## Section3.6Continuous distributions

Figure 3.6.2 shows a few different hollow histograms of the variable height for 3 million US adults from the mid-90's. 1 This sample can be considered a simple random sample from the US population. It relies on the USDA Food Commodity Intake Database. How does changing the number of bins allow you to make different interpretations of the data?

Solution

Adding more bins provides greater detail. This sample is extremely large, which is why much smaller bins still work well. Usually we do not use so many bins with smaller sample sizes since small counts per bin mean the bin heights are very volatile.

What proportion of the sample is between 180 cm and 185 cm tall (about 5'11" to 6'1")?

Solution

We can add up the heights of the bins in the range 180 cm and 185 and divide by the sample size. For instance, this can be done with the two shaded bins shown in Figure 3.6.4. The two bins in this region have counts of 195,307 and 156,239 people, resulting in the following estimate of the probability:

\begin{gather*} \frac{195307+156239}{3,000,000} = 0.1172 \end{gather*}

This fraction is the same as the proportion of the histogram's area that falls in the range 180 to 185 cm.

### Subsection3.6.1From histograms to continuous distributions

Examine the transition from a boxy hollow histogram in the top-left of Figure 3.6.2 to the much smoother plot in the lower-right. In this last plot, the bins are so slim that the hollow histogram is starting to resemble a smooth curve. This suggests the population height as a continuous numerical variable might best be explained by a curve that represents the outline of extremely slim bins.

This smooth curve represents a probability density function (also called a density or distribution), and such a curve is shown in Figure 3.6.5 overlaid on a histogram of the sample. A density has a special property: the total area under the density's curve is 1.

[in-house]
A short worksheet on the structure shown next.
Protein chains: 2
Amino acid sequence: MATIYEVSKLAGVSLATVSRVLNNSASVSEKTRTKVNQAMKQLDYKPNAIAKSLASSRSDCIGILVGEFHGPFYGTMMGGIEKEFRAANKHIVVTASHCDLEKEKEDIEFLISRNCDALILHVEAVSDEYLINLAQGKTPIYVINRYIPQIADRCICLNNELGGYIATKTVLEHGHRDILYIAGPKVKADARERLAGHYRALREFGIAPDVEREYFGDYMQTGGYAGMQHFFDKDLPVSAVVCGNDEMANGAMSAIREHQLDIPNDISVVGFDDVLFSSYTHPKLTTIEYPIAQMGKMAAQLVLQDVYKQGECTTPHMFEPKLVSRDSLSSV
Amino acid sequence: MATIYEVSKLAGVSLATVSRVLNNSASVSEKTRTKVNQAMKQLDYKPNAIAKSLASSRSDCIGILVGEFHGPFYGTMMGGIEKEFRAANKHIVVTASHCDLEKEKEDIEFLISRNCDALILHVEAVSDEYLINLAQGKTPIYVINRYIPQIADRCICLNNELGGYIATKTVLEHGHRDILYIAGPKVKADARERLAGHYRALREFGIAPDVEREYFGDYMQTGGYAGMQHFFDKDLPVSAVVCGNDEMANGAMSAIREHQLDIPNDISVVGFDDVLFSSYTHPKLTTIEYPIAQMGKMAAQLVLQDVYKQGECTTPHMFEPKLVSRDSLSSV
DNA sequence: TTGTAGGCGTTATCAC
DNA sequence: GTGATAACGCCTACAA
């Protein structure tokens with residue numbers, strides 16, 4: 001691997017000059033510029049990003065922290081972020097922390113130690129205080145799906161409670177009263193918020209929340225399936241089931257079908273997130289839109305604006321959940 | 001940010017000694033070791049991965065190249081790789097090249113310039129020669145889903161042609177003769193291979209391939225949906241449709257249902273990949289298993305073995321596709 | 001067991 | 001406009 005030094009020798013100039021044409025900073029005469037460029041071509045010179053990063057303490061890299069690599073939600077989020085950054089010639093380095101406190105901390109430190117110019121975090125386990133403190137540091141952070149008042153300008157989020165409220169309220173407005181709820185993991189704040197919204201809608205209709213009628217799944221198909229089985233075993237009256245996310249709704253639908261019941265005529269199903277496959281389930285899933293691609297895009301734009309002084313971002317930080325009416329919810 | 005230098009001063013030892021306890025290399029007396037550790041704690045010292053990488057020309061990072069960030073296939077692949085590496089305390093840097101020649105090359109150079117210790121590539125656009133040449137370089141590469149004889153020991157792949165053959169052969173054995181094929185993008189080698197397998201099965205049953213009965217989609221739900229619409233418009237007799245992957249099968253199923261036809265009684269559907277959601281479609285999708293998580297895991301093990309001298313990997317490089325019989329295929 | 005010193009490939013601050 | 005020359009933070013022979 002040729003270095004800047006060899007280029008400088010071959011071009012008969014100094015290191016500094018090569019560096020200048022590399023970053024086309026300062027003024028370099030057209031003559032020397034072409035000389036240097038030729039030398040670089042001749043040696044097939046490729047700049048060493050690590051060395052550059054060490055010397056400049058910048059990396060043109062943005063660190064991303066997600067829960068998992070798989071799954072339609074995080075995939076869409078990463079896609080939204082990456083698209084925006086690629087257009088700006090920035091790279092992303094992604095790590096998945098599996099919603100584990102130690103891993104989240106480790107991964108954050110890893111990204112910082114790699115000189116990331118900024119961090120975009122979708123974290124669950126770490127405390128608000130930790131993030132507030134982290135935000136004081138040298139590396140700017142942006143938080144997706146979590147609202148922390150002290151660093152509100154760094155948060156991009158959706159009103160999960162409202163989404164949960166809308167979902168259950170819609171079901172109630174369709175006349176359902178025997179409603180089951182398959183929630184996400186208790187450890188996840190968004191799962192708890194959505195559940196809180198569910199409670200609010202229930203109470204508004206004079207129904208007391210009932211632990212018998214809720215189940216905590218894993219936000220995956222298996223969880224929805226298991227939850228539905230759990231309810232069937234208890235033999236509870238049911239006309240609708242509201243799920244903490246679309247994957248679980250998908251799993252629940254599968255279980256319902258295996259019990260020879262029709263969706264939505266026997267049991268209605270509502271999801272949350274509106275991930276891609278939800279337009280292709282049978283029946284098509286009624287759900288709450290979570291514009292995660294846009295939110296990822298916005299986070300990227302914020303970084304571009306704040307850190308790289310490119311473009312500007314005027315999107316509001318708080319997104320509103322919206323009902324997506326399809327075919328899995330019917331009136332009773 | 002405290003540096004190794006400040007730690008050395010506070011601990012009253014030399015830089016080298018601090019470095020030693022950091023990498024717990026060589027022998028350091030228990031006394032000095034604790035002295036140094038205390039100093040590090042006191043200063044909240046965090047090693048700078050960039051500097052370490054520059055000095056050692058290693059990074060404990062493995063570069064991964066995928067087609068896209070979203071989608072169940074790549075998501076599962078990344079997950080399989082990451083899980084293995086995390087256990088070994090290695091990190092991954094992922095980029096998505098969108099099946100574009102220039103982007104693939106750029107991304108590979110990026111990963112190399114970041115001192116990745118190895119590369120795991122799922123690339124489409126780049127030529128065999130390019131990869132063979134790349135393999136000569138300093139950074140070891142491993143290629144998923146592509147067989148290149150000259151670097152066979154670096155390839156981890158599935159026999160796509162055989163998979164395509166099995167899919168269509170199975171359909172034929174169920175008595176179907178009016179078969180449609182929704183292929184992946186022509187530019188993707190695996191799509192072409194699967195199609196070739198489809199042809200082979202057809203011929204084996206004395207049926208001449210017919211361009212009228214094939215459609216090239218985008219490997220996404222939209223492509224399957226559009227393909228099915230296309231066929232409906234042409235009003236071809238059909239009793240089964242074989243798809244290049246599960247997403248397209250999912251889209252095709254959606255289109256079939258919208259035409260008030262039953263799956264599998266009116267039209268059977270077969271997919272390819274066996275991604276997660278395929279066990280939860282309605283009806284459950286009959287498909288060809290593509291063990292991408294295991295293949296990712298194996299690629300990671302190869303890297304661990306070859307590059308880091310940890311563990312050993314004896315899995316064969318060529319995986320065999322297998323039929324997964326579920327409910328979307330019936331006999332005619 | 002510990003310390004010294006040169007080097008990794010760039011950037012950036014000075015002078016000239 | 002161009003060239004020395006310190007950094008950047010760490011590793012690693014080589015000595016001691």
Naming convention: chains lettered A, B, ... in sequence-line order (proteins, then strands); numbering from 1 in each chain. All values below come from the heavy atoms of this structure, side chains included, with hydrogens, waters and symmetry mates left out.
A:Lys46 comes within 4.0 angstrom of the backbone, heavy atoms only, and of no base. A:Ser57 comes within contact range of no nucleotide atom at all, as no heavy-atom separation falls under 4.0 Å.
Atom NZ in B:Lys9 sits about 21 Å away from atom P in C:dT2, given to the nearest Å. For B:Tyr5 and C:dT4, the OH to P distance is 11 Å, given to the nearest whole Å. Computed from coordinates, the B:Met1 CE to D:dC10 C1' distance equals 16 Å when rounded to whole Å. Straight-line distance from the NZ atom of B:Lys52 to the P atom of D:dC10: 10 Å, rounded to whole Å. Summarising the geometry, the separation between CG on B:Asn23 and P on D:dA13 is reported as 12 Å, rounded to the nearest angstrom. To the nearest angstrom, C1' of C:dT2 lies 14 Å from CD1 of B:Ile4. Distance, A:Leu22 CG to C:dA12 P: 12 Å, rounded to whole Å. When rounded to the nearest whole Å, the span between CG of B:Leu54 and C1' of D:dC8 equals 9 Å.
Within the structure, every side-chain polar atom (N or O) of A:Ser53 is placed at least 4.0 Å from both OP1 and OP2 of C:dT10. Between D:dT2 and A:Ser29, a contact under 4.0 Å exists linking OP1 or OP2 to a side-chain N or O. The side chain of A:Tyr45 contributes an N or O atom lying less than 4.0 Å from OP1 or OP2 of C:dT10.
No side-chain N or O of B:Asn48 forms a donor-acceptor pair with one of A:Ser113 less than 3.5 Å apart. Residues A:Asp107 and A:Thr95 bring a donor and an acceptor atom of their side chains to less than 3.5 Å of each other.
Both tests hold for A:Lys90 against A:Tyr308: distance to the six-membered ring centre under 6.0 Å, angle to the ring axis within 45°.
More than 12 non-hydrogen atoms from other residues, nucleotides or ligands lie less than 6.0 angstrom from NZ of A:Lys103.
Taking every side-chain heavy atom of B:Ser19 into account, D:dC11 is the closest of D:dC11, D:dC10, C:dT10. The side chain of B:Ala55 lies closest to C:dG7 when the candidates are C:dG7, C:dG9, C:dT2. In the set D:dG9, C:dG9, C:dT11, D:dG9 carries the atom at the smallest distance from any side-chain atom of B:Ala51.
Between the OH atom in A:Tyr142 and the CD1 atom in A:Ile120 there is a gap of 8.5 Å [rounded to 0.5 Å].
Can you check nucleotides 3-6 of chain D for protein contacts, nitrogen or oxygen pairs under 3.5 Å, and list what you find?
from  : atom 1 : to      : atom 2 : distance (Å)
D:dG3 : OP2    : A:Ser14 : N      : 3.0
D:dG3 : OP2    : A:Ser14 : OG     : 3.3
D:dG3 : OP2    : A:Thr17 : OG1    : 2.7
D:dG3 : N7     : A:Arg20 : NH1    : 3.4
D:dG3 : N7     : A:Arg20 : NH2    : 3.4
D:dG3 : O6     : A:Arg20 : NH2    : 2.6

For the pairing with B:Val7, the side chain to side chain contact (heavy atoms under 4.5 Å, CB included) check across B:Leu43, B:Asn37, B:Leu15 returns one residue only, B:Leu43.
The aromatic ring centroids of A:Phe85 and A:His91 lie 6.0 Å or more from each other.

### Subsection3.6.2Probabilities from continuous distributions

We computed the proportion of individuals with heights 180 to 185 cm in Guided Practice 3.6.3 as a fraction:

\begin{gather*} \frac{\text{ number of people between } 180 \text{ and } 185 }{\text{ total sample size } } \end{gather*}

We found the number of people with heights between 180 and 185 cm by determining the fraction of the histogram's area in this region. Similarly, we can use the area in the shaded region under the curve to find a probability (with the help of a computer):

\begin{gather*} P(\text{height between } 180 \text { and } 185 ) = \text{area between } 180 \text { and } 185 = 0.1157 \end{gather*}

The probability that a randomly selected person is between 180 and 185 cm is 0.1157. This is very close to the estimate from Guided Practice 3.6.3: 0.1172.

Three US adults are randomly selected. The probability a single adult is between 180 and 185 cm is 0.1157.

1. What is the probability that all three are between 180 and 185 cm tall? 2 $0.1157 \times 0.1157 \times 0.1157 = 0.0015\text{.}$

2. What is the probability that none are between 180 and 185 cm? 3 $(1-0.1157)^3 = 0.692$

What is the probability that a randomly selected person is exactly 180 cm? Assume you can measure perfectly.

Solution

This probability is zero. A person might be close to 180 cm, but not exactly 180 cm tall. This also makes sense with the definition of probability as area; there is no area captured between 180 cm and 180 cm.

Suppose a person's height is rounded to the nearest centimeter. Is there a chance that a random person's measured height will be 180 cm? 4 This has positive probability. Anyone between 179.5 cm and 180.5 cm will have a measured height of 180 cm. This is probably a more realistic scenario to encounter in practice versus Guided Practice 3.6.8.